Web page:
Brazil’s apex court authorizes new investigation of president

Brazil’s President Michel Temer attends a meeting with trade unionists at the Planalto Palace in Brasilia on Tuesday. — Reuters

SAO PAULO — Brazil’s top court authorized a new corruption and money laundering investigation of President Michel Temer on Tuesday, yet another case that raises the possibility of his suspension from office.

Supreme Court Justice Luis Roberto Barroso ruled there is sufficient evidence to investigate whether Temer signed a decree in May 2017 to favor a company operating in the port of Santos in exchange for bribes.

Barroso also authorized an investigation of Rodrigo Rocha Loures, a former Temer aide accused of carrying bribe money for Brazil’s leader in a separate case.

Temer said in a statement that he “had no interference in the debate” which led to the decree and that he “accepted the deliberations and technical advice, without any kind of political pressure staining the whole process.”

Brazil’s top prosecutor, Rodrigo Janot, whose attempt earlier this year to put Temer on trial for a corruption charge was rejected by Congress’ lower house, will lead the new investigation until his term ends on Sunday. Raquel Dodge, an appointee of the president, will take over as chief prosecutor Monday.

There is no deadline for the top prosecutor to decide on the case.

If Temer should be formally accused by Janot or Dodge, Congress would have to vote again on whether the president should be put on trial. If two-thirds of deputies agreed, Temer would be suspended for up to six months and the leader of the Chamber of Deputies would fill the presidency until the end of the trial.

Meanwhile, Brazil’s once hugely popular president Luis Inacio Lula da Silva faces a new grilling on Wednesday by the country’s chief anti-corruption judge, Sergio Moro, in a case that could decide whether Lula can return to power.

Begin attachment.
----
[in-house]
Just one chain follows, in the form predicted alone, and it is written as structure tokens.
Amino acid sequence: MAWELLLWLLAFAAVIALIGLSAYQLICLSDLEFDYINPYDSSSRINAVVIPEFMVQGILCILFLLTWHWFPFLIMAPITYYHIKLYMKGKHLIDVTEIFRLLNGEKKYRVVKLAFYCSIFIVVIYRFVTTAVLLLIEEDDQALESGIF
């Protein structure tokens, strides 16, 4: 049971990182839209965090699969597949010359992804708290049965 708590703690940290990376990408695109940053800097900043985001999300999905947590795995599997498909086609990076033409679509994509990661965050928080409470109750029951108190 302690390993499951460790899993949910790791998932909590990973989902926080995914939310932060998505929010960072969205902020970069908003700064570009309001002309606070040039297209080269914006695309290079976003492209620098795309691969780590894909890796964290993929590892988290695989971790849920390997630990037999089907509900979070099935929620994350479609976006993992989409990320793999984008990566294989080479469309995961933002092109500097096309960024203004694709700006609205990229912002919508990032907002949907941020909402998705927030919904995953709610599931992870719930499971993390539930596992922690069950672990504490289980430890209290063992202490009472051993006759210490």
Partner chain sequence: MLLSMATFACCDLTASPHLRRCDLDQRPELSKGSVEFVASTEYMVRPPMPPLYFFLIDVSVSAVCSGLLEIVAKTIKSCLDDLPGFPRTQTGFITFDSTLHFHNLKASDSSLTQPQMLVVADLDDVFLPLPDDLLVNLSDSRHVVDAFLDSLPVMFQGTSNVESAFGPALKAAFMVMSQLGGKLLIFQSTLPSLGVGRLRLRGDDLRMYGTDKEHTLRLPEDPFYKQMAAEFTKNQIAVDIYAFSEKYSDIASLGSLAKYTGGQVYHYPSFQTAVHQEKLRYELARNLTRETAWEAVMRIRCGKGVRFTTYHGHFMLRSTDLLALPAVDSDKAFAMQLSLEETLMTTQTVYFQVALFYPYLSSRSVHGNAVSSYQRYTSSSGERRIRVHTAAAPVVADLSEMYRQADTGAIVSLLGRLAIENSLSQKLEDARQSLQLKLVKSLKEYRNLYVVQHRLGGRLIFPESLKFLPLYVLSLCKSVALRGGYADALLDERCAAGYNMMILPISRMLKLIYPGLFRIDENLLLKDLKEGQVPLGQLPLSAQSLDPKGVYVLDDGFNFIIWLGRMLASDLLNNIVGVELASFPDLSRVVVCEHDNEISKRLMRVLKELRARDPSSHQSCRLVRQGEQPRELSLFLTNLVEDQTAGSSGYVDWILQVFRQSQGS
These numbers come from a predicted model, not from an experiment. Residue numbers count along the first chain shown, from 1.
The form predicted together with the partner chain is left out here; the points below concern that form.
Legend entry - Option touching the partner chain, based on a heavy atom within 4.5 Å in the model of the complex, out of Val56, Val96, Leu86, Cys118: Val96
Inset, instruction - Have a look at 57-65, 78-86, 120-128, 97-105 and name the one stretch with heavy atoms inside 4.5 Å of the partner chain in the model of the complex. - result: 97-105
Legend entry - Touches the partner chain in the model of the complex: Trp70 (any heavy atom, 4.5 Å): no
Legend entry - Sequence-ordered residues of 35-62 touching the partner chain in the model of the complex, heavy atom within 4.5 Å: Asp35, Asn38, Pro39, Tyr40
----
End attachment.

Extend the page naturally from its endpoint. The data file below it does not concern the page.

Lula, who is a frontrunner in the October 2018 presidential election despite multiple corruption charges, will be questioned by Moro in the southern city of Curitiba.

The testimony is part of 71-year-old Lula’s trial for alleged bribe taking from the scandal-plagued Odebrecht construction giant. He is already a defendant in four other corruption trials.

And in July, Moro sentenced Lula to 9.5 years prison after being convicted in a sixth trial of receiving a seaside apartment from the OAS construction company in return for help obtaining lucrative contracts with the Petrobras oil company.

Lula, the founder of Brazil’s leftist Workers’ Party, is free pending appeal of that sentence and hopes to string out or defeat the other cases so that he can run for a third term next year.

But problems are mounting for the man whose 2003-2010 presidency made him Latin America’s new leftist giant.

Although Lula tops the polls, that is partly because campaigning hasn’t started and name recognition gives him a head start. Also, his negative ratings are far higher than for other candidates. — Agencies